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Emile Durkheim Part 1 .docx

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York University
Social Science
SOSC 2650
Anita Lam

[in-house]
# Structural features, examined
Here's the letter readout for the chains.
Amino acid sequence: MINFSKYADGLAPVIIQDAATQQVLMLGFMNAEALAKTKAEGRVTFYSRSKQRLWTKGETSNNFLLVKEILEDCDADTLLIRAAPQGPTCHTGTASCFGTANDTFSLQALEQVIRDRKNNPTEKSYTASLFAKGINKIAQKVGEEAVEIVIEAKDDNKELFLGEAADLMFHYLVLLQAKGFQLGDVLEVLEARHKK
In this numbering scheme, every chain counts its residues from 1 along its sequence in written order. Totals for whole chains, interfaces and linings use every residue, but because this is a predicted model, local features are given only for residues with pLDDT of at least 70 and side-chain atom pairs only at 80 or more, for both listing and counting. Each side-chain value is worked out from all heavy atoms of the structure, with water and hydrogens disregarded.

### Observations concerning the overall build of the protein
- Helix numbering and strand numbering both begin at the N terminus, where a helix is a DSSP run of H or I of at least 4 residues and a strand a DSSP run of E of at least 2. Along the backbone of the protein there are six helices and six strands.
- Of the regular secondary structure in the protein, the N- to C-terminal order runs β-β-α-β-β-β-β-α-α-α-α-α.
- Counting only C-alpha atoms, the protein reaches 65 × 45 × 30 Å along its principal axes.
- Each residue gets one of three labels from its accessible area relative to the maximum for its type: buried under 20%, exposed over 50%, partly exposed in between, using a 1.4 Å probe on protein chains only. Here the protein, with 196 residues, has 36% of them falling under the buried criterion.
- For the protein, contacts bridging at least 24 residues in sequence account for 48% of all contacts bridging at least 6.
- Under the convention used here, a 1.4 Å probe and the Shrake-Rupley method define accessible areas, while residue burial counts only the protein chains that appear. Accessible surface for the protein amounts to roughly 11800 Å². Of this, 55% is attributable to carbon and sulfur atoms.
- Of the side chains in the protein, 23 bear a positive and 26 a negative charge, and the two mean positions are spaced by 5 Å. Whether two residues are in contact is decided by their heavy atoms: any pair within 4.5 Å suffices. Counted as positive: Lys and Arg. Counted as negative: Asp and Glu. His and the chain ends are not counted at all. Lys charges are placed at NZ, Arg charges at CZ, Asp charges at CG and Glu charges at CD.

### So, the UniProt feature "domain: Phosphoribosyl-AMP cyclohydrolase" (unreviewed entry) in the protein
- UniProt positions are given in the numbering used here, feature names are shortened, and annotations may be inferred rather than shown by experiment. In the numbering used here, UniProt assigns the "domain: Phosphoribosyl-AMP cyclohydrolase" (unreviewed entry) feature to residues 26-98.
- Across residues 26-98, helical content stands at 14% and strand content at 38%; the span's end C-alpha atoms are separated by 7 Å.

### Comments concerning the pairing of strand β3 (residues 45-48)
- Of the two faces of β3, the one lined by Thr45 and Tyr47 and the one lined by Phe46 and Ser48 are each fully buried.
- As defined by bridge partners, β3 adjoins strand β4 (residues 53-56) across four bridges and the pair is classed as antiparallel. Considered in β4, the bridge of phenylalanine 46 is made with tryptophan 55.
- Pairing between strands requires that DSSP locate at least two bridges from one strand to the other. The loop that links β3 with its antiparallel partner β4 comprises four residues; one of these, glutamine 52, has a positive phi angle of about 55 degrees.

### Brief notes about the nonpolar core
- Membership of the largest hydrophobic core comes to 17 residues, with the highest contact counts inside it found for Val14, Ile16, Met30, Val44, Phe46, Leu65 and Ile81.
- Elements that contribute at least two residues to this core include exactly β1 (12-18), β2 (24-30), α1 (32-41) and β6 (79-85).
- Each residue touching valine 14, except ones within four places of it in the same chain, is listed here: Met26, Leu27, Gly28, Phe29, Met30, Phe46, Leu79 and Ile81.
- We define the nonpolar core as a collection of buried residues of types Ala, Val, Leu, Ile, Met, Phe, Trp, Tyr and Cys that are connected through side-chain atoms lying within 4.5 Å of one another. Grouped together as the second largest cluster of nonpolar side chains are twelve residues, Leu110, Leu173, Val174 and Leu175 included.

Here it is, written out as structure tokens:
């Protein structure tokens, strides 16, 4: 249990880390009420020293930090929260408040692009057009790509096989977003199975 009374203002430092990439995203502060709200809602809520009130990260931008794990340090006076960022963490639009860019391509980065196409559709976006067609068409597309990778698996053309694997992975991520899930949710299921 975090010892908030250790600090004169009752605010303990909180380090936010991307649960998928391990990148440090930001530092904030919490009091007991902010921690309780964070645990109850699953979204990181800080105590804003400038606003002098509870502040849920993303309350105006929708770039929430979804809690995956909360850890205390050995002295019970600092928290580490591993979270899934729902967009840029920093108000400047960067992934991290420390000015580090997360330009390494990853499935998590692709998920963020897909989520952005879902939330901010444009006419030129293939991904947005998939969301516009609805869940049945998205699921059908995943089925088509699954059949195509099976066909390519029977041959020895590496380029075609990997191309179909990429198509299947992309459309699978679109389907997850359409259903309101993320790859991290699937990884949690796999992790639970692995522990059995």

October, 24, 2013 Lecture 6 Emile Durkheim Lecture overview 1) Recap 2) Emile Durkheim: historical context 3) The Division of Labor in Society 4) Underlying assumptions in Durkheim’s theory 1) Recap: what we covered so far? • crime is considered an individual crime; freely committed crime or have a pathological mind • Becerra = free will and rational choice; freely make choices; we're all equal, should not differentiate • Lombroso = Biology; born with biological tendencies • interaction between individual and the environment • Routine activities theory contemporary biosocial theories -= Environment • Biosocial interested in the interaction of the individual biology; how does it trigger biological traits?Also, with evolutionary psychology\ Where are we going? • cultural criminology: culture • sociological theories: society 2. Emile Durkheim (1858-1917) • sociological positivism - Individual = society • structural determinism • character of society would determine what we would find • historical context: - Paris commune (1871) - Third public • proposed that we should study society by concentrating on structural determinism (focus on how the structures in society determine the character of a particular society • Interested in how societies maintained order? Why? related to his historical context • *French details* 1789-1870 revolution; danger of being with dictatorship and revolution; 1871 Paris commune was created; country lacked social order and in order to rejuvenate, the country needed a nationalistic approach and was favored over the religious report; 3rd republic made a secular education • proposed the moral of education *non-physical values*; education would unite them all together in society; punishment becomes a moral education to Durkheim How do societies come together? • moral education • national unity and social cohesion 3. The division of labor in society • *Main assumption* society evolves and as it evolves it will change. and social order will effect this social solidarity • social solidarity refers to an integrated system of social relations, social practices and social norms • What holds society together? - Crime provides an opportunity for punishment. Punishment functions as a ritualistic reaffirmation of social solidarity *positive social function, what is it? It promotes punishment; it is collective vengeful response that reinforces collective responses and teaches members in society social and moral norms • punishment does not act on the criminal; different from becceria and Lombroso ( becceria- act on the criminal to deter them ; Lombroso: also act on criminal either through incapacitate or rehabilitation; Durkheim; does not act on criminal but through society* • On-lookers -‘We may state that punishment is above all intended to have its effect upon honest people’ (excerpt p. 63/course kit p.109) Conscience collective • Conscience (moral and emotional) + Consciousness (cognitive) • Definition: is the "totality of beliefs and sentiments common to the average members of society" (pp. 38-39/p.97) • Can also include unconscious (latent) sentiments; we have beliefs and sentiments that are not fully formed or clearly articulate. • Treats it as a social fact; it naturally exists; but he doesn't explain how it came into existence. At best, he tells us that it will change • Effects; punishment is important because of its effect and crime is important because of its effect. Does not talk about intent. What is crime? • ‘An act is criminal when it offends the strong, well-defined states of the collective consciousness’ (p. 39/97). • ‘We should not say that an act offends the common consciousness because it is criminal, but that it is criminal because it offends that consciousness. We do not condemn it because it is a crime, but it is a crime because we condemn it’ (p. 40/98) • Durkheim is untangling cause and effect. a crime is only a crime on when an offence is a collective consciousness • Important concept because Durkheim's theory would not work; it explains why something is criminal. • Crimes against the state *treason* - The state is society's "brain" • Defend the collective conscience from all its enemies • Crime is a normal and necessary feature of society -‘However numerous its varieties, crime is essentially the same everywhere, since everywhere it entails the same consequence, that is punishment’ (p. 42/99)] • existed in prosperity and overnight • universal theory of crime How does crime contribute to crime solidarity? • provoke punishment as a solidarity Boundary-setting function • When we punish the criminal, this has an effect on us? What is it? when we punish the criminal we are informing society the moral values that we should not cross • if you cross the line you will be punished; punishment and crime tells us what it means to live morally and what society's social and moral norms are • symbolic reminder of our moral boundaries as a society Group solidarity function • Unites us as a community from a common enemy; when we have this collective reaction to crime we will have a stronger community because we have strengthened our bonds. Adaptation (innovation) function • changes and public attitudes towards crime; crime could move society forward and it could do so by helping society adapt and be more flexible to changing environments • what will allow society to change its rules or moral values • How? division of labor; we don't all do the same jobs, so we all have different norms and different values; we don't all behave a certain way or agree on what is right or wrong • If we all behaved the same, we would have universal conformity and it is harmful because it suppresses behavioral ideas. Tension-reducing function • projecting social problems on some criminal or rule breaking group; we can reduce these internal intentions and society can be maintained in a proper way Anomie • Greek Nomos (law and norms) • Anomie is a state of normlessness or lawlessness • argues that there's too much individualism • if the society is in transition; it could not have clear social norms about how to behave because its transition from one society to another society with its own set of norms • Anomie (what might produce crime) • What is the solution? counteracted by 1) moral education and 3) crime and punishment • when someone commits a crime and that causes a punishment which reinforces us about our moral boundaries in society’s and because we know what it is, we can cor